Athol Williams, the man that consulting firm Bain & Co hired to clean up its image following its controversial role at the SA Revenue Service, says his life has been a living hell over the past two months – and that’s why he’s approached the Zondo Commission to testify against the company.
Bain in December apologised for the work it did with SARS, saying that in hindsight there was evidence to suggest that the tax agency's former commissioner Tom Moyane "was pursuing a personal political agenda".
Williams publicly resigned from Bain on October 17, accusing the company of withholding information during its participation in the Nugent Inquiry, which was investigating the demise of the tax agency.
But Williams issued a statement five days later, saying he had "no evidence that Bain was involved in a scheme to damage SARS" and no additional information about the company being untruthful.
Other plots, other institutions
On Thursday, Williams told Fin24 that he was not making an about-turn then or now, and he's alleging that that he has evidence that the company was involved in a plot to capture other public institutions.
"I don't have additional evidence regarding SARS, but I do have evidence on other institutions," said Williams.
Fin24 reached out to Bain for comment regarding these allegations, but received no response to phone calls or text messages by the time of publication.
When Williams resigned in October, however, it said its internal investigation did not find any evidence that the firm or any of its partners were involved in any scheme to damage SARS or that Bain withheld relevant evidence.
According to Williams, these "other institutions" to which he referred were existing state institutions, as well as new ones intended to be formed, but which ultimately were not.
Williams, who did not want to elaborate further about the said institutions, said he's met with the state capture commission several times.
He added that he has given them his final report on Bain's role in the restructuring of SARS, which he completed after the Nugent Commission had already concluded its investigation. He only submitted a preliminary report to the Nugent Commission.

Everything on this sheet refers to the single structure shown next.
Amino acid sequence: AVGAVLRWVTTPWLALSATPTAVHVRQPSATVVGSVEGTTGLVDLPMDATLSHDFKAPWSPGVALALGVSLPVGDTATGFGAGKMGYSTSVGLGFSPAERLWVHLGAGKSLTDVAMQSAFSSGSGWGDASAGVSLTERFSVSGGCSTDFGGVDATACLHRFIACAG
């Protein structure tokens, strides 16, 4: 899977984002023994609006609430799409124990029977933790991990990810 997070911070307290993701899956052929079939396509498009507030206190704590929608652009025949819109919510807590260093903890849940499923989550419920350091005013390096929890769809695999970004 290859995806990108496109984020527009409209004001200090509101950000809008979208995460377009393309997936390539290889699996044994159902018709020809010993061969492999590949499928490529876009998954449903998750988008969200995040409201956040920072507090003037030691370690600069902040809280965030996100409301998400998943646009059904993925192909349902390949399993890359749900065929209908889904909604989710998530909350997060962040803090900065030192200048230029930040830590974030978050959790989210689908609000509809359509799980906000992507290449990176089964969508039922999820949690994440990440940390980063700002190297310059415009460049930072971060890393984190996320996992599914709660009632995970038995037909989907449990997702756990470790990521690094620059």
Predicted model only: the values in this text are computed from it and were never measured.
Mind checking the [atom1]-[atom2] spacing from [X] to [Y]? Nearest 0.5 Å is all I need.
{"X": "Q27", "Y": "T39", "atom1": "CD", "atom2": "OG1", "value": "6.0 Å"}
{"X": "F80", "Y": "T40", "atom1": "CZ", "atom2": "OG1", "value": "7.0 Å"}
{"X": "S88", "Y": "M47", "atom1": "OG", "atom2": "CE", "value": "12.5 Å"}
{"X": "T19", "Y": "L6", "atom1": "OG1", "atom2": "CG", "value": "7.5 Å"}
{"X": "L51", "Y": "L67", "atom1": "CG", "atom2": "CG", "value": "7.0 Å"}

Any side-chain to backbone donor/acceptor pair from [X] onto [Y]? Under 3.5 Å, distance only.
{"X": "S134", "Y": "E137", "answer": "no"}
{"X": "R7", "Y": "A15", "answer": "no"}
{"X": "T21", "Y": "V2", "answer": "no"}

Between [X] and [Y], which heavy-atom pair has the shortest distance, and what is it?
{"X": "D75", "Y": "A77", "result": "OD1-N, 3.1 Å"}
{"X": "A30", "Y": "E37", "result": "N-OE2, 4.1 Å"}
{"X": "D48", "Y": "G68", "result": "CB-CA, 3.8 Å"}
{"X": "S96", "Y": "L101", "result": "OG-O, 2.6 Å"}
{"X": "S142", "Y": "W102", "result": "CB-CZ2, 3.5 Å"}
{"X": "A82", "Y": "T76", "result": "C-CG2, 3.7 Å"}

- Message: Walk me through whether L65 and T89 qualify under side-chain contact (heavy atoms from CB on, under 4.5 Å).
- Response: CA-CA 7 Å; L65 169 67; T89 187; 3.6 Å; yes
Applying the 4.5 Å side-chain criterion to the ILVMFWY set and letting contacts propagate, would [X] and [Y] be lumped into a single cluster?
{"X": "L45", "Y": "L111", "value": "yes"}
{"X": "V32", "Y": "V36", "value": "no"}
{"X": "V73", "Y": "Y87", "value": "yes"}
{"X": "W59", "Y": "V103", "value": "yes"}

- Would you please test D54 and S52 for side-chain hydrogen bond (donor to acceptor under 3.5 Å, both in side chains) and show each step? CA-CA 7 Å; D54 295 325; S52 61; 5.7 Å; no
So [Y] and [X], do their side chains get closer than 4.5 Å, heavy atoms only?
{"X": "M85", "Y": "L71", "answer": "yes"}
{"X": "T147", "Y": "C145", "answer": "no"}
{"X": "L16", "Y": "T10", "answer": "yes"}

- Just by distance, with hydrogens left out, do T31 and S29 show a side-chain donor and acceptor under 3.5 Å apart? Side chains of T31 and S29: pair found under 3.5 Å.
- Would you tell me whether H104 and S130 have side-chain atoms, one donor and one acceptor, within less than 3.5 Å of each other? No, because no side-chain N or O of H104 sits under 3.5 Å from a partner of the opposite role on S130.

The Nugent commission's report of 2018 said there were two corruption schemes that Bain was part of at SARS. The smaller scheme was Bain's attainment of the tender to restructure SARS irregularly. The larger one "can be described as (a) premeditated offensive against SARS, strategised by the local office of Bain & Company, located in Boston, for Mr (Tom) Moyane [previous SARS commissioner] to seize SARS", read the report.
It also said Bain withheld evidence, a statement Williams corroborated.
'I've been through hell'
"But I don't want to talk about SARS, I want to talk about South Africa. My interest is not only in Bain, but in what multinational companies are doing in our country, but yes, the evidence I have is only on Bain," said Williams.
He said when he wrote that statement in October, Bain was involved in drafting it. At the time, he agreed to not divulge any more information to the media or anyone else because the company said it needed time "to do the right thing", said Williams.
He said since then, the company has made offers to pay for his relocation to the UK as he wanted to do his PhD there, and threatened him with legal action when he insisted on seeing it "do the right thing" as it had promised.
"We don't talk about what happens to whistleblowers.
"I've been through hell in the past two months. I'm being threatened. I'm paying legal fees," claims Williams.